Article by: Hillarie Jason ‡ Edited by: Leanne Ridgeway
Fall is officially upon us, which of course means we are in the midst of a barrage of disgusting, trendy, pumpkin-flavored garbage being consumed fervently by people who have clearly lost their minds over a flavor even a starving rodent shies away from.
Luckily for those of us who are more interested in music and shows than in seasonal flavorings, Fall also means that it’s busy season for concerts… especially metal or “metal-ish” concerts. This fall started off well for me, with the first headlining tour of Paradise Lost in six years. Supporting acts Solstafir, from Iceland, and Chicago natives The Atlas Moth rounded out the bill at Brighton Music Hall in Allston, MA on Friday, October 5th.
The Atlas Moth started out the night with their version of Psych-Doom-Sludge or whatever you want to call it. (I’m not a huge fan of genre tagging and I’m not very good at it, anyway.) Quite honestly, this was the strongest and most cohesive they have been on stage since the first couple of times that I saw them, sometime between 2010 and 2012, I believe. Anyway, this time they really seemed solid together, “in tune” with each other, if you will (I can’t believe I just wrote that. Ugh.)
Next up was Solstafir, who I was not familiar with until I saw them at Maryland Deathfest in 2014, on the big outdoor stage at the former Edison Lot. Although I really enjoyed them there, this was a better way to see them. Intimate and personal. For many of the people I talked to that night, this band stole the show and I can understand why.
Full of emotion and energy, they began playing to a crowd mostly there to see the headliners and won them over pretty quickly, so much so that audible “wow’s” were heard in the crowd after their set was complete. If I was to make a list of bands to make sure you see live, they would be on it, no question, but not because they have some cheesy stage antics or banter. They don’t, they are just fucking good!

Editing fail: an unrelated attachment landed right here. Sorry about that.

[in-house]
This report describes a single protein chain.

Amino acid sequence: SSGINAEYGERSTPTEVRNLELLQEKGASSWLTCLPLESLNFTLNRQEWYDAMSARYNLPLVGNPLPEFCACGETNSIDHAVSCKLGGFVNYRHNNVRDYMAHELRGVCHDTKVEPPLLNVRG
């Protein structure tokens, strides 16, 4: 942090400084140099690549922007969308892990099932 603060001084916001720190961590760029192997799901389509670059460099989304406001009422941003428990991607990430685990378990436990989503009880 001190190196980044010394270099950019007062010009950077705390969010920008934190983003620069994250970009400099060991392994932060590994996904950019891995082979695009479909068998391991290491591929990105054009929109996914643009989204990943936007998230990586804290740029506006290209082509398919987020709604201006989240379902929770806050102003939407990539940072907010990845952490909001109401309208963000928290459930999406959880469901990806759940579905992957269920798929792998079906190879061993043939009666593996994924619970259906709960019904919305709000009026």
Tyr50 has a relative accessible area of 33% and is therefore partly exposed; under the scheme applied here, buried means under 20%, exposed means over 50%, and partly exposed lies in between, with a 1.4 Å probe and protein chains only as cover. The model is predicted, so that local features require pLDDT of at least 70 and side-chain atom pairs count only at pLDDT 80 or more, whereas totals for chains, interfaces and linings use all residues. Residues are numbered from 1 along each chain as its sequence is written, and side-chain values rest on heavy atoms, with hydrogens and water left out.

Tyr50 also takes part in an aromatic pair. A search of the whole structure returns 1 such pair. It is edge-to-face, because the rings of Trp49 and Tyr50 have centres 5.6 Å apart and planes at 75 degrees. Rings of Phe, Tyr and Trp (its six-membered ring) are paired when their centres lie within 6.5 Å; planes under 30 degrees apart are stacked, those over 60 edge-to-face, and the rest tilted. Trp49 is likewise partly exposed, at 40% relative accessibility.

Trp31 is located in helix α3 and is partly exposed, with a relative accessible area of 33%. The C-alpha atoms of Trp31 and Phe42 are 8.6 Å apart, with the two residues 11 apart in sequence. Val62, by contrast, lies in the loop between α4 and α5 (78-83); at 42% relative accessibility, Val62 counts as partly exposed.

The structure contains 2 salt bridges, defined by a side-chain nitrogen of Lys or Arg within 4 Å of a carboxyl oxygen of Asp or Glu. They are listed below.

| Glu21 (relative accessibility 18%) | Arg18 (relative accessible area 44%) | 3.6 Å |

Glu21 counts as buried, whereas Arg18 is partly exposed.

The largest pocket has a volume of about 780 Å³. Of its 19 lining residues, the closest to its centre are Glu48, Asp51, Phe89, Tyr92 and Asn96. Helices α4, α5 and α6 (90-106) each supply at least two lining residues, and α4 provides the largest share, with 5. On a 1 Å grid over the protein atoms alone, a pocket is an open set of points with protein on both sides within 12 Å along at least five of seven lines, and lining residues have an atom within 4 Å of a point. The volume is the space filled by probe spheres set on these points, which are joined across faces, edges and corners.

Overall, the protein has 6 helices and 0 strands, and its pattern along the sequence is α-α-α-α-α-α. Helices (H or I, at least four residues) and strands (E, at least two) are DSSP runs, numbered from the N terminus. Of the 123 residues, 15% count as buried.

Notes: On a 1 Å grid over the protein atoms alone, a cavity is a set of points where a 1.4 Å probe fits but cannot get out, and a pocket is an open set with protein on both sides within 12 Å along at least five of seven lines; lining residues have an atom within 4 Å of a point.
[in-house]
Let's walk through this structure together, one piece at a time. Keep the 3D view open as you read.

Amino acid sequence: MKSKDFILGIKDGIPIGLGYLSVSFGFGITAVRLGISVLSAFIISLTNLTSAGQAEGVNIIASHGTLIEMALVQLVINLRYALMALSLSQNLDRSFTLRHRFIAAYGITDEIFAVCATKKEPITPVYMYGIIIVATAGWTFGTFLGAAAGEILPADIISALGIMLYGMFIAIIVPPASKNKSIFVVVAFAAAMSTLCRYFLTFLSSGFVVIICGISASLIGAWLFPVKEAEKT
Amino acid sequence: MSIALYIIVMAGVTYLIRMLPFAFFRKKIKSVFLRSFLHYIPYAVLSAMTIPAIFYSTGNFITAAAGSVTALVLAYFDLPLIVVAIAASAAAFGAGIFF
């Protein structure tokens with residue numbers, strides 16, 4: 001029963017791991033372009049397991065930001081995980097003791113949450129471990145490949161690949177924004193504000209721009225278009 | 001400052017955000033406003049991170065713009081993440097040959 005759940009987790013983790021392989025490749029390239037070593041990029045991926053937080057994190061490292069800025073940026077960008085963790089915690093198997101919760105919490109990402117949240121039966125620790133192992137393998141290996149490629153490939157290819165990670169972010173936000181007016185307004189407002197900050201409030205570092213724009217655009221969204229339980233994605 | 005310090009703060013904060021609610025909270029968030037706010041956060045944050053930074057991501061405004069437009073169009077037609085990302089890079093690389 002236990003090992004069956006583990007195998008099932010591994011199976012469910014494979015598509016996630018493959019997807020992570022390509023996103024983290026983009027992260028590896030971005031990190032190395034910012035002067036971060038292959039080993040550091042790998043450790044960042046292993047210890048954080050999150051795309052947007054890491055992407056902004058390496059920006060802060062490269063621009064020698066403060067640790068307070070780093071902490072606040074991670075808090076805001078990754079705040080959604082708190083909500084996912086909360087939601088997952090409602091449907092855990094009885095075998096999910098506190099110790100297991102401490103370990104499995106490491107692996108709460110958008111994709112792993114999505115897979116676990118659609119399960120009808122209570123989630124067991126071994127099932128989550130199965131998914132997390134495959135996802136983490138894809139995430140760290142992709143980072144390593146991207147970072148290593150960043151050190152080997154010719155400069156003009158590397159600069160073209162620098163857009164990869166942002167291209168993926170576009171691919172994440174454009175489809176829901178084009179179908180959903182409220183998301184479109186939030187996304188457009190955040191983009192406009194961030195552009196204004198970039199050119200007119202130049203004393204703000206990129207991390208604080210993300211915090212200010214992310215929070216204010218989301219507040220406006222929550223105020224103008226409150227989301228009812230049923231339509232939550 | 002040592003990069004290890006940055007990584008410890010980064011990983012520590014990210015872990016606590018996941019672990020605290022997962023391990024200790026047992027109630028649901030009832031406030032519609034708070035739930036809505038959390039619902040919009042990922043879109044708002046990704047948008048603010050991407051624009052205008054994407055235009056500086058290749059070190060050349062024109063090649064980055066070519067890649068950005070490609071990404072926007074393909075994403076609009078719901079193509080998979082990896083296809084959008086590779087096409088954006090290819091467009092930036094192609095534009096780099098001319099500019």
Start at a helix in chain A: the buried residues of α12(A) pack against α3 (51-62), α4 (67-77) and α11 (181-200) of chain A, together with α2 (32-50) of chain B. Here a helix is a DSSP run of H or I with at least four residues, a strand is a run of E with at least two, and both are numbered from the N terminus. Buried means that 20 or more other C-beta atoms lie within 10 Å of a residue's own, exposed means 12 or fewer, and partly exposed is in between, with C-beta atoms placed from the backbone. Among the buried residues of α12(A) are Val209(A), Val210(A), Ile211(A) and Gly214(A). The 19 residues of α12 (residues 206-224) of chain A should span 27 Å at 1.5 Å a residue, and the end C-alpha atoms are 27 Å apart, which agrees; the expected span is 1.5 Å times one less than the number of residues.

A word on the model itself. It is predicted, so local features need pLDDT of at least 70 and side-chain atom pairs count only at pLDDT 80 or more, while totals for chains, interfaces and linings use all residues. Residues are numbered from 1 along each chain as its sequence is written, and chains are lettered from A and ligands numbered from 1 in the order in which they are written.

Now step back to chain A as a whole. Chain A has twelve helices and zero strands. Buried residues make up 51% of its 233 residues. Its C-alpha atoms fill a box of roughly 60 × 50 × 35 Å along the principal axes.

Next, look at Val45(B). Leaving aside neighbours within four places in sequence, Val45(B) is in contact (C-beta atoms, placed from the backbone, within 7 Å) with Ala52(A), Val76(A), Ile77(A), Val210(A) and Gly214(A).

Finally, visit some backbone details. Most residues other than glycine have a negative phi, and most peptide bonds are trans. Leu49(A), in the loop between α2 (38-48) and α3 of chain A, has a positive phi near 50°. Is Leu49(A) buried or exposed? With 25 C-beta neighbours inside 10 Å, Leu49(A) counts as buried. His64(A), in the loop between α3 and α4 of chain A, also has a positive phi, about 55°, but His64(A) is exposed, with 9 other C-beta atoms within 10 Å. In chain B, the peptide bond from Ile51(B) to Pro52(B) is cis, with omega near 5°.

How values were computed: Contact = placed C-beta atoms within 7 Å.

Formed in 1988, British gothic / death-doom / metal band Paradise Lost has released 15 studio albums since 1990, and has earned what you might call legendary status at this point, rightly so. Those first four albums or so were some of my favorite ones to listen to at the time they came out, and it wasn’t even a question to go this show or not when it was announced.
But even their sixteen-song setlist wasn’t going to make everyone happy as, of course, there are those who only want to hear “Gothic” or “Icon” or “Draconian Times” or whichever album or era they like more. This has to be such a chore for bands that have been around this long and have an extended catalog of material to chose from, that I can’t even imagine attempting to please anyone. Bands have to play what they want and what they feel is right at the time and that’s that.
All that being said, they played more songs and spanned more albums than I expected. Songs I had never seen them play like “Gothic” and ones I have like “As I Die” were personal highlights, but they played at least one song from ten different albums. I can’t really say I could have expected more from any band with this kind of history.
They were strong and absolutely together, the songs sounded great, and they touched upon a little bit from just about everything. Vocally, there were some likely necessary changes, with a few less growls in places where they “should” be. Even considering that I just don’t know what else any band could do to make it worth your while to go see them.
Thankfully, the bar wasn’t selling any of that repulsive pumpkin beer, either. If they had, that would be the only negative thing I would have had to say about the show.
Remaining tour dates for Paradise Lost (w/The Atlas Moth & Solstafir) [TICKETS]